https://www.youtube.com/watch?v=05WS0WN7zMQ

            https://www.youtube.com/watch?v=VPunpjeFaiQ

            A perfect example is clouds. None of the atmospheric models handle clouds adequately. So how can the ‘experts’ pretend to know?

        • OWilson

          Unbounded chaotic systems will render all but the most immediate predictions useless.
          Like economics, the stock market and the climate, there is a viable industry in analysis.
          But like those other disciplines they are restricted to explaining away why past rises and falls occurred.
          Like those other disciplines, climatologists, are no better (and often worse) than random when attempting to predict the future.

          • IskurBlast

            Which would be fine if they would simply admit that they cannot predict the future.

            However, there is much money and fame in fortune telling.

          • Helen W

            Unbounded chaotic systems will render all but the most immediate predictions useless.

            That is the most accurate and succinct summary of this issue that I have ever seen.

            Thank you.

  • windy2

    Of course it’s war and old news. The first shot in the war was fired in 1988 when some soldiers shut off the air conditioning and opened windows overnight so that General James Hansen could deliver a sweaty story to congress.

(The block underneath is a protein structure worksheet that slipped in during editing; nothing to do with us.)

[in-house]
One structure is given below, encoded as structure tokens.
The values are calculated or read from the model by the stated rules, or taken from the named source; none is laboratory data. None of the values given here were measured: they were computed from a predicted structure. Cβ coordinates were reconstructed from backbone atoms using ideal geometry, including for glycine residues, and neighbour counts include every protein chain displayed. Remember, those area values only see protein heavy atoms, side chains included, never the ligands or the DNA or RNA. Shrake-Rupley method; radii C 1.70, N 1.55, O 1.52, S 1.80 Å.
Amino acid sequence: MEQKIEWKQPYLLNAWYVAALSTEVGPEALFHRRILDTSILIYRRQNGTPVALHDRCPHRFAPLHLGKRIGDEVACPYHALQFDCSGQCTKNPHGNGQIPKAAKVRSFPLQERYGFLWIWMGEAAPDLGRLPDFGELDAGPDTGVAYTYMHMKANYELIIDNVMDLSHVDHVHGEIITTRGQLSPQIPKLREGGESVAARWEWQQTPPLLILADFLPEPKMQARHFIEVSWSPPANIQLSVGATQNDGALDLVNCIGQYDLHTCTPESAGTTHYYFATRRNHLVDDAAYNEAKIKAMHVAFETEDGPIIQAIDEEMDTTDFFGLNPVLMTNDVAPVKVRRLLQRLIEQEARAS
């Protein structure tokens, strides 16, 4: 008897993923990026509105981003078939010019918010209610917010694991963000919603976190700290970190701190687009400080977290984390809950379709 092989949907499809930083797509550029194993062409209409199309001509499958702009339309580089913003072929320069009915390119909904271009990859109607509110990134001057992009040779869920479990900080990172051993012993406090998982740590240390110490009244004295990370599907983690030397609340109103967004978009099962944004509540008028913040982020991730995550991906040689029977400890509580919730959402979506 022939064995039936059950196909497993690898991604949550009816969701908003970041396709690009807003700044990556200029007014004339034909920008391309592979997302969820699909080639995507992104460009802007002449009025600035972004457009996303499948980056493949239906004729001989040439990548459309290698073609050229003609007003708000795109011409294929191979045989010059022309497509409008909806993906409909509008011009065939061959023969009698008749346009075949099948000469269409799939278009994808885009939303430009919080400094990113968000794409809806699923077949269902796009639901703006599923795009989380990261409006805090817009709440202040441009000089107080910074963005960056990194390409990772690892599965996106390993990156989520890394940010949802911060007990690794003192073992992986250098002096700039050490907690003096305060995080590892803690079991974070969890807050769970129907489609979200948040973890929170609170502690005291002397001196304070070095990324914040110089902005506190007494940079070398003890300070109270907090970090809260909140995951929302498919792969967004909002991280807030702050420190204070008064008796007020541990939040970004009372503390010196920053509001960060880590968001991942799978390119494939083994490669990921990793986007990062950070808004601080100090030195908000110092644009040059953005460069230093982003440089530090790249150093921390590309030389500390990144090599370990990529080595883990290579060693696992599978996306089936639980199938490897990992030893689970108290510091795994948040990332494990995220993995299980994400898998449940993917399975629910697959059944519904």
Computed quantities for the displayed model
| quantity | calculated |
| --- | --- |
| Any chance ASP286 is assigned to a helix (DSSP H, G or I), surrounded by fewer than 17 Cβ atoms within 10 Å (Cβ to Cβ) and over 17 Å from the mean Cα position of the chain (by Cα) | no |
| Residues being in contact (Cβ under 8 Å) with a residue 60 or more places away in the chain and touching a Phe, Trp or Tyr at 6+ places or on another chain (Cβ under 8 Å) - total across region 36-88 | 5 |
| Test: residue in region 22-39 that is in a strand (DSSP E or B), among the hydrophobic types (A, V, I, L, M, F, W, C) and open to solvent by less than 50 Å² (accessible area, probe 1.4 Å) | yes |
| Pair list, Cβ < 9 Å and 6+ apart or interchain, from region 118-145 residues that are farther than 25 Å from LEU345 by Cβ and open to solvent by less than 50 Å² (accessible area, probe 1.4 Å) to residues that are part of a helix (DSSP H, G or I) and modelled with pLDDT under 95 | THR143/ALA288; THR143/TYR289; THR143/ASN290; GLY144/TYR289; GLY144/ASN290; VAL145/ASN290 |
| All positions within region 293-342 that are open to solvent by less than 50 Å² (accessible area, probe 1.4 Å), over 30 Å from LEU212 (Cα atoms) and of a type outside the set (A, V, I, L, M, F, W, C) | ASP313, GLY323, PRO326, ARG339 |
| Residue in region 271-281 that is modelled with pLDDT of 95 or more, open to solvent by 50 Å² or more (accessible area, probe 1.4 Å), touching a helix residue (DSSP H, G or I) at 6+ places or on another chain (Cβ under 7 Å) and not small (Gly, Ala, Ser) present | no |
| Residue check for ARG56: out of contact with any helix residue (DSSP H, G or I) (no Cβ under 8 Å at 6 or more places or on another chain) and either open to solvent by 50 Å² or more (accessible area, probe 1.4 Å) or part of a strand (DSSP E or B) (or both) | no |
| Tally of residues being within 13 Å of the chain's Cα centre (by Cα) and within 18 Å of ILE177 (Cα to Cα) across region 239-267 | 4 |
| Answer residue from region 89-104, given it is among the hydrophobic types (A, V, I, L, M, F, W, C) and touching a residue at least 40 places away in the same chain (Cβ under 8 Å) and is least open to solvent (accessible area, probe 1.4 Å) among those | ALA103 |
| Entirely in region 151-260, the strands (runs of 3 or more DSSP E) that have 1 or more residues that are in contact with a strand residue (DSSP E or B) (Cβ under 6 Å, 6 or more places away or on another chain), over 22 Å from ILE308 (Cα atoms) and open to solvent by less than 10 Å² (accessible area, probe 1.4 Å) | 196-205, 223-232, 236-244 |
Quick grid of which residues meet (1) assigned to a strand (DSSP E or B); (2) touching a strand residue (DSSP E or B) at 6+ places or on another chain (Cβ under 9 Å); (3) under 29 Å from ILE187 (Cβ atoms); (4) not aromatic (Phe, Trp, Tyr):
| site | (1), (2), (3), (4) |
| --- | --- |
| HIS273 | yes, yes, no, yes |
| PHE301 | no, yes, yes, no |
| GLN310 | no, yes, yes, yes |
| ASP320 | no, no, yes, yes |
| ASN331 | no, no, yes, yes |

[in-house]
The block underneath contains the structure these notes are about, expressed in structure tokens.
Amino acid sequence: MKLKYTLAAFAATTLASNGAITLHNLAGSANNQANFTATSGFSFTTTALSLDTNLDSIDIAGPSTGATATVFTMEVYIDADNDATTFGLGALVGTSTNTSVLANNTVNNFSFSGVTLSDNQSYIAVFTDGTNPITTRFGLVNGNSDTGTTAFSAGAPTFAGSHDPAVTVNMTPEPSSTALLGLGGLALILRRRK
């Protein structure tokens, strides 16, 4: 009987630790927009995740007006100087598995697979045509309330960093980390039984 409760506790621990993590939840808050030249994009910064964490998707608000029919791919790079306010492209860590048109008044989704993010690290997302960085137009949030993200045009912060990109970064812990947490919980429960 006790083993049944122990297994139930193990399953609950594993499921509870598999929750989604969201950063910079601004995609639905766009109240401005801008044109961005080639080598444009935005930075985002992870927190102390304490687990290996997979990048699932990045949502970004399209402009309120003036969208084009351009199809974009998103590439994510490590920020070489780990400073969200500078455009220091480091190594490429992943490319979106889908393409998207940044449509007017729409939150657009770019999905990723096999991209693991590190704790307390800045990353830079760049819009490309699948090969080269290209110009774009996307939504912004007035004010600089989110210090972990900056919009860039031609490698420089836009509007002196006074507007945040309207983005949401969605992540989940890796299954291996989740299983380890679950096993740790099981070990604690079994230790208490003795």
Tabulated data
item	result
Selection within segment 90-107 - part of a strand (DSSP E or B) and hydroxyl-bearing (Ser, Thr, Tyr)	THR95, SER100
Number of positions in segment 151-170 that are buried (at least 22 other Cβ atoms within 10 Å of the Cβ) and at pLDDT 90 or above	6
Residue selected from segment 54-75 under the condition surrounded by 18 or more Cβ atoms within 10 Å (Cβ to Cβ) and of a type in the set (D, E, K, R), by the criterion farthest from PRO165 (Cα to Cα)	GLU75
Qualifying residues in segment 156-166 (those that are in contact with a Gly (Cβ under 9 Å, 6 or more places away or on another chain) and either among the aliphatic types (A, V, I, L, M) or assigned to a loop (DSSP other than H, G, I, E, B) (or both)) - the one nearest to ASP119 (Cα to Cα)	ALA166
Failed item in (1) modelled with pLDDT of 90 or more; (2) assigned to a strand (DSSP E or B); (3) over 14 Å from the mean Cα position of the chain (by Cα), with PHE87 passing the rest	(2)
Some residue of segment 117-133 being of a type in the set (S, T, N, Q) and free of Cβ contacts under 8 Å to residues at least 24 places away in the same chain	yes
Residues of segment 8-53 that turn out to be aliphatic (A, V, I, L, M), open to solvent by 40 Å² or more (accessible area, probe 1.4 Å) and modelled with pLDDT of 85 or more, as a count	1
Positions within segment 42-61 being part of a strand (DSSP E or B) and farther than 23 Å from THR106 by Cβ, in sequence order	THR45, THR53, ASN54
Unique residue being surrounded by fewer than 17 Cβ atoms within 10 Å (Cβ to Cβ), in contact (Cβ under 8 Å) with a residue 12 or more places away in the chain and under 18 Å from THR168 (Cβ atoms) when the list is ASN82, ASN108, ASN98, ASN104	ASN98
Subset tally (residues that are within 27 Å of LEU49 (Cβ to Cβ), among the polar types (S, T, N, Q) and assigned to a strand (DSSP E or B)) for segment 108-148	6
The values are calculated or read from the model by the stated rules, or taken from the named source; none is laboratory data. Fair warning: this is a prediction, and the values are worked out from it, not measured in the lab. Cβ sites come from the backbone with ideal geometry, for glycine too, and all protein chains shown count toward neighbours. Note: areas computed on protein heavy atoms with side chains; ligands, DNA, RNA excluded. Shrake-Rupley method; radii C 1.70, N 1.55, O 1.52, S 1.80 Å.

• Science of Doom

    Keith, I really like your articles. This is another interesting one.

    In the blog world and the press there is a war going on, and it seems like there are only two sides. So many debates are framed as red corner vs blue corner, and as soon as you state an opinion on one small point, “everyone knows” what you are presumed to believe on everything else. Instantly everyone is on the attack.

    It seems different in the world of climate science papers. There, doubt is offered more freely. Conclusions are not so definite. And that’s good. Because there aren’t just two sides.